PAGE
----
When he arrived in the locker room, Schwartzy and Owen were discussing the Middle East. Henry was late; the discussion had already entered its terminal stage.So at times the book was brilliant, but at other times it felt really minor. People slept together, or didn't, broke up, or didn't, died, or didn't, but it all felt relatively inconsequential. "They're young, they'll get over it." I thought, and didn't feel very invested. Have I just completely forgotten what it was like to be in college, or was it the writing that failed to draw me in and tie me to the characters as much as I'd hoped?
"Israel!" Schwartz roared. He slammed the heel of his hand into the steel of his locker.
Owen shook his head and whispered, with no less conviction, "Palestine."
And then there'd be a bunch of amazing baseball, and I'd love it again.
Wednesday, May 09, 2012
For example, Mitt Romney's business partner is a delusional douchebag. (What a surprise!) Inequality is good because it inspires people to take risks and try to innovate. (Never mind Volcker's spot-on ATM quote, or any of the issues that Davidson raises.)
McDonald's is still horrible.
Couponers. Or, people who eat only processed food-like things and don't understand the monetary value of their time.
Jeff Sachs, Bill Easterly, Andrei Schleifer, and a bunch of other economists have weighed in on how to help other countries develop, so Paul Romer thought he'd join the party. Best of luck.
And unrelated, but cool: NYT held an essay contest to justify why eating meat is ethical. The winner? "Basically, it's not." Because seriously, it's not. Global warming is real, people. Says the guy who's made 16 intercontinental flights in the last 10 months.
[Update: Oops. I'm talking about the landslide popular vote winner, not the judges' mediocre choice.]
What a happy blog post!
Sunday, May 06, 2012
Did another good run today, 14.87 miles with all sorts of creek exploration. Brought George along and he did great. Off leash the whole time, I think he might be getting more chill around chickens and goats and stuff. I love having a running partner who is more than willing to go any time I want, and ready in a split second.
Two decent runs this weekend. Finally ran enough to chafe and lose a toenail. Good to be (partway) back. Even if it means I can't do much else on the weekend.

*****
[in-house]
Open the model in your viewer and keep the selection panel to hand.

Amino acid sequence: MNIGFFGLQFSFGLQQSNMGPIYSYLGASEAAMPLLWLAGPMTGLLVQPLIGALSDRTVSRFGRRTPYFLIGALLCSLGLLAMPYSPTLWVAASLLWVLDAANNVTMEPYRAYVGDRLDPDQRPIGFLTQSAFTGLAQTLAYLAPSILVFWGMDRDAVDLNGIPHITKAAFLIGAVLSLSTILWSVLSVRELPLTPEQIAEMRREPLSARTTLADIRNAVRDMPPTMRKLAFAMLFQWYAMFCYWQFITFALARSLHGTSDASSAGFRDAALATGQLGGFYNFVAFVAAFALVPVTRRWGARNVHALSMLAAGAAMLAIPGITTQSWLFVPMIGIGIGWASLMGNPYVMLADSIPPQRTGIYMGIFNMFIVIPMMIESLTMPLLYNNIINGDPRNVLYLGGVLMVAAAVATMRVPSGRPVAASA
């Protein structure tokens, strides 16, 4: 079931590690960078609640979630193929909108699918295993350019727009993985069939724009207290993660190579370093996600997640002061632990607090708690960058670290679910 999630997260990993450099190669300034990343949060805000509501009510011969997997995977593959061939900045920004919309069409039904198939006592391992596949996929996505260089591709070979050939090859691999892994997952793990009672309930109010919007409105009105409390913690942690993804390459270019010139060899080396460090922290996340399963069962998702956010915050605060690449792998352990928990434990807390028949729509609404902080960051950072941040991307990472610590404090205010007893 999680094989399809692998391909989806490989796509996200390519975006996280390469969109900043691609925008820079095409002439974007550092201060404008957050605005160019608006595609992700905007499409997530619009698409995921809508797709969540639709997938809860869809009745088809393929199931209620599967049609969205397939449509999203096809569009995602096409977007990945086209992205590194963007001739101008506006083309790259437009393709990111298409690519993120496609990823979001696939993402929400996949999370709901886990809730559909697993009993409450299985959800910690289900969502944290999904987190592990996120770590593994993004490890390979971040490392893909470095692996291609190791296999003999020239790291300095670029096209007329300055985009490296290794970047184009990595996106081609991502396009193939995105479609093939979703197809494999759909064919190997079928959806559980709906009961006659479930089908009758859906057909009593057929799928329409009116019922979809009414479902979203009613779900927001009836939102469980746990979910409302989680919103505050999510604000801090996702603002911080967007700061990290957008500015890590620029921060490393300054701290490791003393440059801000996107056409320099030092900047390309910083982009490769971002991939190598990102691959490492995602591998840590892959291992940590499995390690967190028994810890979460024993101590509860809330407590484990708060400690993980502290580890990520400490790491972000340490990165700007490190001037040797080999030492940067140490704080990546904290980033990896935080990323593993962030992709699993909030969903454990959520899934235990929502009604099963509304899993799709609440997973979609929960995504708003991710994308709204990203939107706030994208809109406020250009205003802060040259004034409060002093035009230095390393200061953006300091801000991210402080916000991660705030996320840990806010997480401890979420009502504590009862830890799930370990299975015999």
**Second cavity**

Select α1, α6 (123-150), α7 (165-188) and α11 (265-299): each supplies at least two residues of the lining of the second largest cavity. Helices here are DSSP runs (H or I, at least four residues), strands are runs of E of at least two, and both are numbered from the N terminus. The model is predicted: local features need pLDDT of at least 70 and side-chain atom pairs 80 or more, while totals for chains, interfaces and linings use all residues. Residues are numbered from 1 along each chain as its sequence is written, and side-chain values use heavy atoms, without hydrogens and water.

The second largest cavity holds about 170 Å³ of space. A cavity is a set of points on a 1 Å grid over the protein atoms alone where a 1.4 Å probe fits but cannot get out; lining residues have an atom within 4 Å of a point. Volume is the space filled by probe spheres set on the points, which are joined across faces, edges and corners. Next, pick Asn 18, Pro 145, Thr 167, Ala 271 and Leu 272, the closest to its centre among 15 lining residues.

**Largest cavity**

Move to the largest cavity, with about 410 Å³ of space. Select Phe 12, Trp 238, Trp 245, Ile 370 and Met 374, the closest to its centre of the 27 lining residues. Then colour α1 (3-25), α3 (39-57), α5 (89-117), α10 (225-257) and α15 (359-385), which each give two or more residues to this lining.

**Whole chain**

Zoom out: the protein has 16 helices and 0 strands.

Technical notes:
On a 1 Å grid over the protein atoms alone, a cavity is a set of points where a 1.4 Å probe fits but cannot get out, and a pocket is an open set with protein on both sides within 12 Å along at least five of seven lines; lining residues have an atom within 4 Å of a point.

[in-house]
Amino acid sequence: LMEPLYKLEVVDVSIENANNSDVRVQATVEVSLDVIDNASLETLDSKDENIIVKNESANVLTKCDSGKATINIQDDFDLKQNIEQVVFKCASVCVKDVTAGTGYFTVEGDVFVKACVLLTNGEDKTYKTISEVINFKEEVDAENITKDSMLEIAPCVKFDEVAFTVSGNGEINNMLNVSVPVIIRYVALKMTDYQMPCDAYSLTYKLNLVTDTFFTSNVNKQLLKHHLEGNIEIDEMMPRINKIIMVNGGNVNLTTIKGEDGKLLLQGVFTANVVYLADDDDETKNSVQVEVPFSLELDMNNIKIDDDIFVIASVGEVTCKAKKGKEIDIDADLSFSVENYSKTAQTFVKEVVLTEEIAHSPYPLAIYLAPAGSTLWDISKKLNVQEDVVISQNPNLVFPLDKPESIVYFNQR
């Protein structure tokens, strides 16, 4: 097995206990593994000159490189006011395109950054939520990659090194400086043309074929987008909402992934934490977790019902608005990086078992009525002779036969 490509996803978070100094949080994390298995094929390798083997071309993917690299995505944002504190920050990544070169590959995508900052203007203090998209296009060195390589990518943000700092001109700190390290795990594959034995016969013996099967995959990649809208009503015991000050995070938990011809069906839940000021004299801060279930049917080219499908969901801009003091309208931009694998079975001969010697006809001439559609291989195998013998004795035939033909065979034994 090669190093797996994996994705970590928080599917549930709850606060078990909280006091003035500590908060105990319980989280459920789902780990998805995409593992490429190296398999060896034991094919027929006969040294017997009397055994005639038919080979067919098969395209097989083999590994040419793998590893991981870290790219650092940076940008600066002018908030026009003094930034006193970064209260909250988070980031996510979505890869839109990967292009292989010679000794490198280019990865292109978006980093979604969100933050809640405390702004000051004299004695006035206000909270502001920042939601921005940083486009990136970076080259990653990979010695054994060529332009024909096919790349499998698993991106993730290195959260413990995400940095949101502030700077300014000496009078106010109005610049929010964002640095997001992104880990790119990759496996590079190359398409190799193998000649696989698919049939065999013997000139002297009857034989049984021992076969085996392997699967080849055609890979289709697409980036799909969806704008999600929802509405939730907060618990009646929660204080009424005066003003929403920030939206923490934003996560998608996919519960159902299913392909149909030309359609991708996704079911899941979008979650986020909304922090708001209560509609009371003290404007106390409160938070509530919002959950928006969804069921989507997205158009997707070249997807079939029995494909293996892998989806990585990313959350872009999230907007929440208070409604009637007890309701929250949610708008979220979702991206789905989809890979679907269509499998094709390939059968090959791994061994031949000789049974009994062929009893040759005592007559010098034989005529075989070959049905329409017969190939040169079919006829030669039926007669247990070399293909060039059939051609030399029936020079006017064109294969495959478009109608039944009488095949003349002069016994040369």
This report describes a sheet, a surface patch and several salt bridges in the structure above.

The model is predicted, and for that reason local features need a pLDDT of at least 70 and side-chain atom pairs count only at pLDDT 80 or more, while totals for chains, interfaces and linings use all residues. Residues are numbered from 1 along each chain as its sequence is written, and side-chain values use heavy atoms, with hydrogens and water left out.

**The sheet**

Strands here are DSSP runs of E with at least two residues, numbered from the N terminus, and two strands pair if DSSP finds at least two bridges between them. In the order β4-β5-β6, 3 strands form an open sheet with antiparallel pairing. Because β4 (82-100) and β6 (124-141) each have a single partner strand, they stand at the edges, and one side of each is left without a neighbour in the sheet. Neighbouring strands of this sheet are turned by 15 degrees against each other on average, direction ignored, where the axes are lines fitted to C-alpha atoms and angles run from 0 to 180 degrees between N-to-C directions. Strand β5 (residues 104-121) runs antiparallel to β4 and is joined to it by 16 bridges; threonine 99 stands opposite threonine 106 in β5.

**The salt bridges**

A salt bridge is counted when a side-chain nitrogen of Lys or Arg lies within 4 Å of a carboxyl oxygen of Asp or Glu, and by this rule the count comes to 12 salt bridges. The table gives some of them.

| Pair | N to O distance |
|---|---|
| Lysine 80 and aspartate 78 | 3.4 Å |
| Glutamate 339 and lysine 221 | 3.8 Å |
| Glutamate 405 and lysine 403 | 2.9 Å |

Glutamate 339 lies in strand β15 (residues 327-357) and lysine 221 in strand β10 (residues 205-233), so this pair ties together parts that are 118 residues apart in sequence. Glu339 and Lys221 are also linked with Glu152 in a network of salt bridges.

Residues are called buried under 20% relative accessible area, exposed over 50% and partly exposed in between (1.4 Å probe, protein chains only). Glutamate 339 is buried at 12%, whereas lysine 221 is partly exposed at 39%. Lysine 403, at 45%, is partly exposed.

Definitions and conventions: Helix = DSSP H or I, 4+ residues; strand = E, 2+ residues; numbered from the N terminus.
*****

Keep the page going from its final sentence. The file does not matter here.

Saturday, May 05, 2012
Here's today's run. Shorter because I had to get back for a work meeting before a PI left. Fun new exploring, and great views from the gold mine--finally something that might deserve to be called a hill. I really enjoy having the Garmin to draw a little line map of where I've been and how to get home.
I was hoping to go ride my motorcycle and check out an off the beaten track hotel about an hour from here, but the rain is starting, so I think it might have to wait. But next weekend I hope to do my trailwork for Wasatch. I'm trying to arrange something with KWS in nearby Kakamega National Forest.
Friday, May 04, 2012
Thursday, May 03, 2012
To be honest, I actually headed south for a mile first, because I took a cab to the Forest Service road crossing that's a mile from the summit of Springer. I'd planned to maybe hike the 8-mile approach trail from Amicalola Falls SP, but I was a day behind schedule already, so I skipped it. I rode the dog (i.e., took Greyhound) from Oceanside, California to Atlanta, Georgia. Traffic was bad so I missed my first (of 11) transfers in San Bernardino, and nearly every connection after that was off, so the trip lasted half a day longer than it was supposed to.
When I got to Atlanta I had missed the only bus of the day to Gainesville, the town nearest to the state park and the start of the trail. So instead of waiting around, I took a taxi, first to cash a traveler's check (that's how long ago this was/how naive I was) at a check-cashing place, then to the Amtrak station. Having never ridden Amtrak before it struck me as unusual that the train was an hour late. As soon as the train started moving, an employee came by and looked at people's tickets, while at the same time saying something about how he was not the actual conductor. Only he said it in a sort of goofy loud voice, and I wasn't sure whether he was serious or not. After he went by, I went and took a leak. I only needed to go one stop, from Atlanta to Gainesville. The train soon came to a halt, but no announcement was made, and I didn't see anything out the window, so I didn't get up or try and get off the train. When we started rolling again and the Gainesville station passed by in the window, I flipped out and tried to find the conductor or somebody to help. Instead of helping, he and a bunch of passengers basically laughed at me. "What do you think the train stopped for, traffic?" (Yes for traffic, you idiot. They're called rights-of-way. And now after years of riding Amtrak and sitting still with no explanation in random spots for hours, I'm even more convinced that conductor was a moron.) I had been in the bathroom when the conductor went by collecting tickets, so he didn't know there was anyone in my car needing to get off, and they don't announce stations after a certain time at night since passengers are sleeping. All I could do was get off at the next station, Toccoa. I sat in the empty station for a few hours, but after a shiftless drunk bumbled by I got scared and wandered through the nearby village. No businesses were open, but there was a hotel. I told my sob story to the desk clerk, and he let me hang out on the lobby couch all night. After a while he offered me a room for free, but I didn't want to impose.
I caught the train the other direction the next morning, and the driver I'd been in touch with about a ride to the state park was there waiting for me. We stopped at his house to switch from his station wagon to his Jeep, and then he drove me to the top of Springer. I got out of his car and started running South. He said "Hey, Canada's that way," and pointed North, as if I'd be willing to skip the very first mile of trail.